It has also been posited that medical schools should make an increased effort to ensure the resilience of their students.28 29 Further, it has been shown that resilience is related to reduced burnout and increased satisfaction in medical students.30 The findings of this study corroborate the conceptual framework of resilience. Those students who felt supported by and who had confidence in their university had lower levels of reported stress. This emphasises the importance of effective communication in mitigating stress for students in future emergency situations. For example, despite the physical restraints imposed by COVID-19, social media platforms have already been used and found to be helpful in allowing senior medical students to support junior students with the guidance of faculty members.31 This is a simple step which is easily implemented at an administrative level and is poised to have a significant impact on student stress levels.
Similarly, regarding the intrinsic factors of resilience, this study highlights potential target groups which may benefit from increased surveillance during unprecedented times. Of note, and with approximately half of the medical student body in Ireland consisting of international students (OECD Publishing, 2019), the additional stressors of studying overseas need to be considered, especially at a time of a crisis. Moreover, the formal incorporation of education on culturally sensitive coping mechanisms into the curriculum may be of use in the development of individual resilience among students.32
For medical students, the development of such resilience may prove beneficial beyond the confines of a pandemic. Internationally, medical students spend the latter years of their academic programme operating within a healthcare environment where they encounter novel stressors. Such challenges include experiencing patient death and dying,33 perceptions of unfair treatment, difficult team dynamics,34 and uncertainty in both their clinical and learning environments.35 Based on what is known about the role of resilience in mitigating against negative psychological outcomes, it is reasonable to hypothesise that enhancing the resilience of medical students will lead to better coping in such environments. Furthermore, it is suggested that higher levels of resilience are associated with lower levels of burnout in healthcare professionals.36 Thus, nurturing resilience at an early stage may be of enormous benefit to students while in university and during the ensuing transition to medical graduate.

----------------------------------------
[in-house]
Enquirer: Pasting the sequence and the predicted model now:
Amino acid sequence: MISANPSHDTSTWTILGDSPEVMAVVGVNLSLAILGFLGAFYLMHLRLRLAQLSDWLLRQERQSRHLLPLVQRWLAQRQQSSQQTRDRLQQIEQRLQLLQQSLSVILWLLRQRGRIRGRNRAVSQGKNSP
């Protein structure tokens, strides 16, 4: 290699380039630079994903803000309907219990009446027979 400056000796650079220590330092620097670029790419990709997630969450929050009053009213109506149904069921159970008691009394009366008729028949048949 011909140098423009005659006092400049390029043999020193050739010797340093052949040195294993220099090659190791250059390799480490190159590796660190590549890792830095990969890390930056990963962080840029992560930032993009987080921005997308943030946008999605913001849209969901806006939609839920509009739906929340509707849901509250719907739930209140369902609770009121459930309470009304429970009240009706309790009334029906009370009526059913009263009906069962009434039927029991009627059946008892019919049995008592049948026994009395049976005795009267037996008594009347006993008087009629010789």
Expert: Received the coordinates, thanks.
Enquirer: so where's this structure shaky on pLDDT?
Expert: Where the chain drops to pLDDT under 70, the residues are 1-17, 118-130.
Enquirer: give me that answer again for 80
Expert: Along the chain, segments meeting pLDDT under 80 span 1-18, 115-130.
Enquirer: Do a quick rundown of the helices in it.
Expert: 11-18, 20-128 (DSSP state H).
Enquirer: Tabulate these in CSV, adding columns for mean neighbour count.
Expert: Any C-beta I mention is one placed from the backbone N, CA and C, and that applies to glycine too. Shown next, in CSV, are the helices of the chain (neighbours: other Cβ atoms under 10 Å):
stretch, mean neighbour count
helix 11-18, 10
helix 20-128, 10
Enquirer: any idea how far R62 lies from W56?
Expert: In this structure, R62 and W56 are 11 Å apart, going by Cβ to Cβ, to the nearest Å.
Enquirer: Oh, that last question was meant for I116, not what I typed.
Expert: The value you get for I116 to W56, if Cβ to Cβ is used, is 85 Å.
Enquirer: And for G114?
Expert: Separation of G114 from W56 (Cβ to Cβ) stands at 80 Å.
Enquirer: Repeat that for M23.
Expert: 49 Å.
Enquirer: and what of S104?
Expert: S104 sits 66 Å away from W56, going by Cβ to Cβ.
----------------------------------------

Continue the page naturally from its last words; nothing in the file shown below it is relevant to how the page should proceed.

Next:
Limitations of the study include its relatively low response rate (response rate: 26.3%), meaning that the full range of impacts and concerns relating to the pandemic may not have been captured.
In conclusion, this study has provided insights into the impact of COVID-19 on medical students’ well-being and provided an opportunity to address their concerns. This work is significant in that it tenders several simple yet effective measures which may be implemented by medical schools in future healthcare emergencies. These are: communicate with students, reach out often to perceived ‘vulnerable’ groups within your institution, and prepare and provide for the stress generated from abrupt changes to the programme structure. In addition, this research adds to the growing body of evidence that suggests that resilience is protective to medical students and junior doctors. Accordingly, we recommend that steps be taken to incorporate resilience training into early medical education curricula.
We would like to thank the UCD School of Medicine for supporting this research and the participants who made it possible.
Contributors Conception or design of the work—LO’B, FMcN and BG. Acquisition of data for the work—LO’B, FMcN, BG and YXL. Analysis of data for the work—LO’B, YXL and DA. Interpretation of data for the work—LO’B and DA. Drafting the work or revising it critically for important intellectual content—LO’B, FMcN, BG, YXL and DA. Final approval of the version to be published—LO’B, FMcN, BG, YXL and DA. Agreement to be accountable for all aspects of the work in ensuring that questions related to the accuracy or integrity of any part of the work are appropriately investigated and resolved—LO’B, FMcN, BG, YXL and DA.
Funding The authors have not declared a specific grant for this research from any funding agency in the public, commercial or not-for-profit sectors.
Competing interests None declared.
Patient consent for publication Not required.
Ethics approval The study received an ethics exemption from the University College Dublin School of Medicine Research Ethics Committee (April 2020).
Provenance and peer review Not commissioned; externally peer reviewed.
Data availability statement Data are available upon request.